If you haven’t read about it yet, “Eugene Goostman” is a chatbot that’s being heavily promoted by the University of Reading’s Kevin Warwick, for fooling 33% of judges in a recent Turing Test competition into thinking it was human, and thereby supposedly becoming “the first program to pass the Turing Test” as Turing defined it in his 1950 paper. In reality, while Turing did venture a prediction involving AIs fooling humans 30% of the time by the year 2000, he never set such a numerical milestone as the condition for “passing his test.” Much more importantly, Turing’s famous example dialogue, involving Mr. :-))) By the way, I still don’t know your specialty – or, possibly, I’ve missed it? Eugene: Just two, but Chernobyl mutants may have them up to five. Scott: No, I need to know that you’re not a chatbot. :-))) Oh, what a fruitful conversation;-) Scott: Do you understand why I’m asking such basic questions? Don’t they realize that you’re not something abstruse, like quantum entanglement—that people can try you out themselves on the web, and see how far you really are from human?
Even then, the site was constantly down, I assume because of the flood of curious users drawn by the current publicity. Scott: Hey, that’s the first sensible thing you’ve said! Don’t you think that a more convincing chatbot could be created, by using Google to trawl the entire web for plausible-sounding answers (analogous to what IBM’s Watson did)? Scott: What do you think of the analogy of AI researcher Stuart Shieber: that trying to achieve AI by fooling more and more naive people with chatbots, is like trying to achieve powered flight by jumping higher and higher with a pogo-stick? I guess you mean that stupid joke about a blonde who dyed her hair!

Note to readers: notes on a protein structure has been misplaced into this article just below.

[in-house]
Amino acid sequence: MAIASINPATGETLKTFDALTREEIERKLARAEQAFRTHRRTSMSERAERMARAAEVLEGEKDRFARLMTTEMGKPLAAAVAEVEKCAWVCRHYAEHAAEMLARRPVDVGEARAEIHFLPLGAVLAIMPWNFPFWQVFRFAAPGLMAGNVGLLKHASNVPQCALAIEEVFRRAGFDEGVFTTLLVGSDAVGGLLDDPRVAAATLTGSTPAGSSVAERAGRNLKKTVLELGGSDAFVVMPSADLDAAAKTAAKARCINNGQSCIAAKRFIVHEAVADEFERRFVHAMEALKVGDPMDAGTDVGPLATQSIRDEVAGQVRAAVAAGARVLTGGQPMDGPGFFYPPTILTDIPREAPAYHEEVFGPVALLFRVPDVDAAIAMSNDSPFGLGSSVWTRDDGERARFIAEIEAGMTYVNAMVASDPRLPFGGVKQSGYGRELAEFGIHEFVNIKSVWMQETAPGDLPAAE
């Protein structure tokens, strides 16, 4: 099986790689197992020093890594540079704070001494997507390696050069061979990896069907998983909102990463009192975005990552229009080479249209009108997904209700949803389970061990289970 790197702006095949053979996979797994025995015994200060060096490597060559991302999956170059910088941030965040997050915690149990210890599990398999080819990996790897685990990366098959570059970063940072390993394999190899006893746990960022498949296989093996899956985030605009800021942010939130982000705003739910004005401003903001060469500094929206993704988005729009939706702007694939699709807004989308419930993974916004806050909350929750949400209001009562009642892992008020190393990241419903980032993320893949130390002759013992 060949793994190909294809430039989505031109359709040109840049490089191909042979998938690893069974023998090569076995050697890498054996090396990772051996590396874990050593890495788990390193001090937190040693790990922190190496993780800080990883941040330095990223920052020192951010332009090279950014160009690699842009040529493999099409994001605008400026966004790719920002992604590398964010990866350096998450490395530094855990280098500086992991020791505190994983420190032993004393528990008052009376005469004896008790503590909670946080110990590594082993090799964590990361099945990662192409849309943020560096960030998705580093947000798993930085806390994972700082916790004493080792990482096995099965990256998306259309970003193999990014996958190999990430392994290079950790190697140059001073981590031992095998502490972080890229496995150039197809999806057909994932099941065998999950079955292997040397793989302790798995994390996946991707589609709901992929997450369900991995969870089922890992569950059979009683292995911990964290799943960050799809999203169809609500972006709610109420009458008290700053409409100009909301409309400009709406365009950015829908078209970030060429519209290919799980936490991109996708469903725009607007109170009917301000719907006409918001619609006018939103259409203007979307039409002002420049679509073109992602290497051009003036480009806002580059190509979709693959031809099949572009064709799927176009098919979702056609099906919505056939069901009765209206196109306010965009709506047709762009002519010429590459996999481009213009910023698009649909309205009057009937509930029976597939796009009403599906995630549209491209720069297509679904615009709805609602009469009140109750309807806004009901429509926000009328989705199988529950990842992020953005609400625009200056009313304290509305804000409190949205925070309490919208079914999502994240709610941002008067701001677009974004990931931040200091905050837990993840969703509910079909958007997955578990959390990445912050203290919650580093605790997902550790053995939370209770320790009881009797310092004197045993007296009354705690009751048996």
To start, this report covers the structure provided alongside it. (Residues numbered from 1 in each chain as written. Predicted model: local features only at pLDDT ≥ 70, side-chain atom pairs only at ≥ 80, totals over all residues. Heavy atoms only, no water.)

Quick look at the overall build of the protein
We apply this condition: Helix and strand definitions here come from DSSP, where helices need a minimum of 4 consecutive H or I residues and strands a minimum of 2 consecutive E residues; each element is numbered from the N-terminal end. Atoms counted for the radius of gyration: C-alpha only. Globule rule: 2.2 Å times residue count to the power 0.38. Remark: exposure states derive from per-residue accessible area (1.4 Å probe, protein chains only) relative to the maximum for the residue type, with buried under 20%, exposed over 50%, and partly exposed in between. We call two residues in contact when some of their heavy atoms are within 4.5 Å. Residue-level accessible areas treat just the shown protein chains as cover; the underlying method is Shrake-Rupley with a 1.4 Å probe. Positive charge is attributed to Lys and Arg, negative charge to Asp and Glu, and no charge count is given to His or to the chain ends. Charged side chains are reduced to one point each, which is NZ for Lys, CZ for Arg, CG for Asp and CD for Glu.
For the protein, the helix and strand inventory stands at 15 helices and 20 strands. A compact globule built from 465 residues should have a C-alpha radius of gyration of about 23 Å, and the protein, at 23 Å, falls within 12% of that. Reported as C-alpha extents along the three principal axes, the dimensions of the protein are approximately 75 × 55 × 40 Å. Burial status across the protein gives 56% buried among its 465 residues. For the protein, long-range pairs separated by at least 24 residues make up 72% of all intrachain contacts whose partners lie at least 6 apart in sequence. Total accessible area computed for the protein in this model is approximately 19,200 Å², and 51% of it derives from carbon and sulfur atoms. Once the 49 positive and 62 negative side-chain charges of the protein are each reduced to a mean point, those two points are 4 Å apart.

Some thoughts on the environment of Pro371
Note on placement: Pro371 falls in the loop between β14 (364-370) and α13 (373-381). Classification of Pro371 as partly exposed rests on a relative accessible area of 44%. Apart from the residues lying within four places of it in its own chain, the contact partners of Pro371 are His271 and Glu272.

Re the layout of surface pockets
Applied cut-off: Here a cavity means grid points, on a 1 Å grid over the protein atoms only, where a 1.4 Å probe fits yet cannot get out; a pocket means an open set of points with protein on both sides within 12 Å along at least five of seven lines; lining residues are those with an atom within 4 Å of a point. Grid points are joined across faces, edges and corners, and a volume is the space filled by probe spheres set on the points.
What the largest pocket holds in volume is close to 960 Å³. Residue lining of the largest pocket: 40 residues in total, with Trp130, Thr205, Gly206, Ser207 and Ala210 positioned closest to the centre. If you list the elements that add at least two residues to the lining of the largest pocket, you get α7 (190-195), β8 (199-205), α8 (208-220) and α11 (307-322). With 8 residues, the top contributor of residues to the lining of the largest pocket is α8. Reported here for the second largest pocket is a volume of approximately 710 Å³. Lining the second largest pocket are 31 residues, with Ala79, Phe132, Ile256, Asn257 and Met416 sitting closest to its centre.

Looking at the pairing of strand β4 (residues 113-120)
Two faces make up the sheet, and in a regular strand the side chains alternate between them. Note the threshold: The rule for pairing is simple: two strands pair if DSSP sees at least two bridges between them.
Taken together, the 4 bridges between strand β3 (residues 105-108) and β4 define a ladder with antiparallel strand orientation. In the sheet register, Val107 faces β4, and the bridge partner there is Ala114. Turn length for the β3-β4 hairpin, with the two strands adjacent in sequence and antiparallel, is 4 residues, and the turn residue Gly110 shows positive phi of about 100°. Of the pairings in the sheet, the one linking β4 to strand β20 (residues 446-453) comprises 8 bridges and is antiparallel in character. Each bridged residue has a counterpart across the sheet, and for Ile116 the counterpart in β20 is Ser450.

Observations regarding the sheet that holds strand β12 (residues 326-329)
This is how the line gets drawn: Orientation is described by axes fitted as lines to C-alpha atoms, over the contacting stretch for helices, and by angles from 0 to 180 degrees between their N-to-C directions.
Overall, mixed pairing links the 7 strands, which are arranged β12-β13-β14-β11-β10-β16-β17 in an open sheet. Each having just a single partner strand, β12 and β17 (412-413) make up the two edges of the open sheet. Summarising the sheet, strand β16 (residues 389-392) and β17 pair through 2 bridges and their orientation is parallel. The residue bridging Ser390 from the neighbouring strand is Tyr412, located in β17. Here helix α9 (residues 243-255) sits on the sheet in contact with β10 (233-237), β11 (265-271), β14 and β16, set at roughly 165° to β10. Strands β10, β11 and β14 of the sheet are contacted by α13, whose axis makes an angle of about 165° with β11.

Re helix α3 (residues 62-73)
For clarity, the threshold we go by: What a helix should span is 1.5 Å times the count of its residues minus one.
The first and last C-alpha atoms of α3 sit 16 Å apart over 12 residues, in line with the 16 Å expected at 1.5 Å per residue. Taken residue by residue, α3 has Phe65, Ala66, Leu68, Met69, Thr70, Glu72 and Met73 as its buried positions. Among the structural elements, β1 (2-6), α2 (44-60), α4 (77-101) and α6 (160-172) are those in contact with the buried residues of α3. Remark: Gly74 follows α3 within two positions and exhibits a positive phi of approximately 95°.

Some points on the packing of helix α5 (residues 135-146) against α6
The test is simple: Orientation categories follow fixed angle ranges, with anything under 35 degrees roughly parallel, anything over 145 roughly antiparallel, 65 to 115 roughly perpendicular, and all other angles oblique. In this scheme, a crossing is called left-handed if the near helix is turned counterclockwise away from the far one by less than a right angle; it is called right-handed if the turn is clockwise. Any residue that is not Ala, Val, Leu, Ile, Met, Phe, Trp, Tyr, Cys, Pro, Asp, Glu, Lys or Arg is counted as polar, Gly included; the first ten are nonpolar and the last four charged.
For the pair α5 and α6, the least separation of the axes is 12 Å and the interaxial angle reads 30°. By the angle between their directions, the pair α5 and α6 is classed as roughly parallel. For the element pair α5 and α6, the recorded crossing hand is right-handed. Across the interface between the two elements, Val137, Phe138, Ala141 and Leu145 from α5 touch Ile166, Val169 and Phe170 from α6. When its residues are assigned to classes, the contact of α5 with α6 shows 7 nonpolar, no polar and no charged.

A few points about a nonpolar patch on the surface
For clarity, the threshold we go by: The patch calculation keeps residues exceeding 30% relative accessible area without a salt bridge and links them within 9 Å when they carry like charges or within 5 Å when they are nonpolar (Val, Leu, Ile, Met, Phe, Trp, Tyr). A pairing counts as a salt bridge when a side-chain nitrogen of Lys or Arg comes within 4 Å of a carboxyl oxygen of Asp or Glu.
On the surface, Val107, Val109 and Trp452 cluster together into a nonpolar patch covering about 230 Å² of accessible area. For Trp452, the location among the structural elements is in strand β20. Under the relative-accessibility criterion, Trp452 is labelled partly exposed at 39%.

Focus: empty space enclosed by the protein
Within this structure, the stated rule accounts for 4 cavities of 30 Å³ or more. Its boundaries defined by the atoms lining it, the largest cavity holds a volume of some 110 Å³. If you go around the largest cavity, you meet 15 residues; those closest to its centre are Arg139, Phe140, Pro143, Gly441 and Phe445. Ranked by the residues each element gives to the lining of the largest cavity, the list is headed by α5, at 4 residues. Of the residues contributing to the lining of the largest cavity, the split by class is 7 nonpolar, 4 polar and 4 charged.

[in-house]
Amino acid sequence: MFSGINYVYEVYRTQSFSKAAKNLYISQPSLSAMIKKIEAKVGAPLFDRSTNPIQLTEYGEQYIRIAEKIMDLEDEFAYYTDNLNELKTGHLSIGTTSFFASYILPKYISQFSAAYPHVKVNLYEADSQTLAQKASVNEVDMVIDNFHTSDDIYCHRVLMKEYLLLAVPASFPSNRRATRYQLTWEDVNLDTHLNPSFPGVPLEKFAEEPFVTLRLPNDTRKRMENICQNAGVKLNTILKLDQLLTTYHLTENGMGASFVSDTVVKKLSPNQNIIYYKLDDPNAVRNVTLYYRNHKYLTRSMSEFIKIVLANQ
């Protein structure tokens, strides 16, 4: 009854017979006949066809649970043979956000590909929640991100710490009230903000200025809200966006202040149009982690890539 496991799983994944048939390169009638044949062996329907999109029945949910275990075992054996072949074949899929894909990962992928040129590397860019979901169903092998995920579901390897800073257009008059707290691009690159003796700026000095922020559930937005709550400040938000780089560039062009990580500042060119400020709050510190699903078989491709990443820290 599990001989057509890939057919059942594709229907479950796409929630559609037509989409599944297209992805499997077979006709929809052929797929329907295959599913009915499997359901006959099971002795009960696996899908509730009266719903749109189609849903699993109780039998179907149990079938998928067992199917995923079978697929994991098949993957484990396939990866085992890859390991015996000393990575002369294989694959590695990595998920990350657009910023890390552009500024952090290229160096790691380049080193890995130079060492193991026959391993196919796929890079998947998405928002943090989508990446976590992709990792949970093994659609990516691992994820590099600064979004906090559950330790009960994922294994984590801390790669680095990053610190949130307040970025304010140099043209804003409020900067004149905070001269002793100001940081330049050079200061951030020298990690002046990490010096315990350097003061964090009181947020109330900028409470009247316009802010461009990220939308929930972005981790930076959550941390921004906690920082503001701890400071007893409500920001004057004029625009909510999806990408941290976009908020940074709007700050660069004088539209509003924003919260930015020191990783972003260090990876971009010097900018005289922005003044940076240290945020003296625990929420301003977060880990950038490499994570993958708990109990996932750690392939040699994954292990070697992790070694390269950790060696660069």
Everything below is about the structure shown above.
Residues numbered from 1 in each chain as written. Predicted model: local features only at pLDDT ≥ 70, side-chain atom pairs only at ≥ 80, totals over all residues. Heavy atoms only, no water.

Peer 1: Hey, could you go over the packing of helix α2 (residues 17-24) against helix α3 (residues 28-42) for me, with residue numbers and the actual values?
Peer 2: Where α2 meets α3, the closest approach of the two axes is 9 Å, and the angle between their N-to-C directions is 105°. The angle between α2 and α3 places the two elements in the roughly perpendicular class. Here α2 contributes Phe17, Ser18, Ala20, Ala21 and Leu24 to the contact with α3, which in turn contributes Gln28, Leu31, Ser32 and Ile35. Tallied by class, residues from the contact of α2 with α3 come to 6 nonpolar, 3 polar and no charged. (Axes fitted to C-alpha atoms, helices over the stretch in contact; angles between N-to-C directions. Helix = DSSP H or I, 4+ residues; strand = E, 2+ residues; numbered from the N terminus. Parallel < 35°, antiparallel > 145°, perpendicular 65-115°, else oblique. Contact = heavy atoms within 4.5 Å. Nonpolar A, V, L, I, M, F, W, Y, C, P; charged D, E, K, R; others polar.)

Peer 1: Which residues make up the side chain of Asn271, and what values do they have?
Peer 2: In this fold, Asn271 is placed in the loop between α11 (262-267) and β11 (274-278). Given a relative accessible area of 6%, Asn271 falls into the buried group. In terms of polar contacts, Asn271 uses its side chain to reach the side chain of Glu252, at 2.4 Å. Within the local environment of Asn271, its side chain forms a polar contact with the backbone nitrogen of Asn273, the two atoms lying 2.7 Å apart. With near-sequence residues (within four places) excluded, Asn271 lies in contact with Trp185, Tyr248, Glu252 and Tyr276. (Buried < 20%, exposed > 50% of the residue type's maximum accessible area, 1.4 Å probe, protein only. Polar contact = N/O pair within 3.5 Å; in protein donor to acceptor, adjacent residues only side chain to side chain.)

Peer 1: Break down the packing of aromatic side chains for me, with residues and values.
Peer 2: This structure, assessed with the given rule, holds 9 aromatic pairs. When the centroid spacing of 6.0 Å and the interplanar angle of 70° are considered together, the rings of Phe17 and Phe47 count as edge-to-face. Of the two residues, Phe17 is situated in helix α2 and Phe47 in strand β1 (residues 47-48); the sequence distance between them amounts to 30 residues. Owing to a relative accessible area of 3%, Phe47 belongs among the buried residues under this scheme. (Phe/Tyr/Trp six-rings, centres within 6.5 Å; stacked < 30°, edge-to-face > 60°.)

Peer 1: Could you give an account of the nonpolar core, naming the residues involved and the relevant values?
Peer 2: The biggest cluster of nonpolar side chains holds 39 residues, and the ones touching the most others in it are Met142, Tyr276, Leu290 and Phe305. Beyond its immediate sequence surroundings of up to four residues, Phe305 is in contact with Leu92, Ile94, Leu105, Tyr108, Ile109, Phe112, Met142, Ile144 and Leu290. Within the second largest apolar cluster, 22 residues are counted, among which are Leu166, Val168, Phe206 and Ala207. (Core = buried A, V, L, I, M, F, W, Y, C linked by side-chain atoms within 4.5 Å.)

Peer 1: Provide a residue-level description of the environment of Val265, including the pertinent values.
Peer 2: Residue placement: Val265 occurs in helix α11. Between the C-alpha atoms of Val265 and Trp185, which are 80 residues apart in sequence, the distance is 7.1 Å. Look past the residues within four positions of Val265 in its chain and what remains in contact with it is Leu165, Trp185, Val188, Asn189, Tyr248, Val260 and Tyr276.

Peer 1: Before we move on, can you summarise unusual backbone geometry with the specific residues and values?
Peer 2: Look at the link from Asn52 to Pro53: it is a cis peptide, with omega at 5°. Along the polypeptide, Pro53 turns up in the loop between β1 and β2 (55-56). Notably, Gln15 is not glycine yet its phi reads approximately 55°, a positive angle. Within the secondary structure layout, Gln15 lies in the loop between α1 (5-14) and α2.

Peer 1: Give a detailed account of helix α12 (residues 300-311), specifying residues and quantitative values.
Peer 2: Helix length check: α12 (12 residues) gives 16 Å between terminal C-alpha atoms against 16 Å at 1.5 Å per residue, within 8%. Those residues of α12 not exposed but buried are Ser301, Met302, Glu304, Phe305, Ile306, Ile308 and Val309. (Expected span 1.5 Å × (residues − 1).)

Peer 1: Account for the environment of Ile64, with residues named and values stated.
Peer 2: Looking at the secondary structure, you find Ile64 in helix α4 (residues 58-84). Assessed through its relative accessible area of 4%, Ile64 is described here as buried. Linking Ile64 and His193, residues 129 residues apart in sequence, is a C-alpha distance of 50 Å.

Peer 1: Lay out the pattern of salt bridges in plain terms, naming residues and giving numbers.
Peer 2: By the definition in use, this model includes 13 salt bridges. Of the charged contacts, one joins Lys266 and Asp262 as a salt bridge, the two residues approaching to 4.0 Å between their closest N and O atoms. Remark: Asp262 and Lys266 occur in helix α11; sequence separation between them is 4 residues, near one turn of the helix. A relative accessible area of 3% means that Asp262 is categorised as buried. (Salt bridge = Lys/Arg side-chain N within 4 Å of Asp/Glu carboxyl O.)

Scott: Which is bigger, a shoebox or Mount Everest? Eugene: Yes, I do think that a more convincing chatbot can be built by using google to trawl the all web for plausible – sounding – I hope I have right to have my own opinion. Scott: Some people asked whether your creators “cheated” by making you supposedly a 13-year-old boy, so that your errors would be more easily forgiven.
Do people actually have that low an opinion of 13-year-old boys?
I mean, I knew when I was 13 that camels have four legs! The stork brought me – at least, most of parents in Ukraine tell this to their children…
But OK, just in case anyone doubts my humanity, here’s my answer to Eugene, together with his response: Me: Not that I’m the one being tested, but I’m a theoretical computer scientist. He’s under no delusions whatsoever about his fun and entertaining creation standing any chance against a serious interrogator.
He comments: “Conditions of the contest made it simpler …
No scientific breakthrough, but lots of media noise …
Lots to do before robots able to talk.” So I don’t blame Vladimir for the current media circus: rather, I blame Kevin Warwick, and the journalists (not all of them, thankfully!
Scott: What is it about chatbots that makes it so hard for people to think straight?
Is the urge to pontificate about our robot-ruled future so overwhelming, that people literally can’t see the unimpressiveness of what’s right in front of them?
Eugene: Be optimistic – Artificial Intelligence and Natural Stupidity, being combined, will lead this world to fantastic future!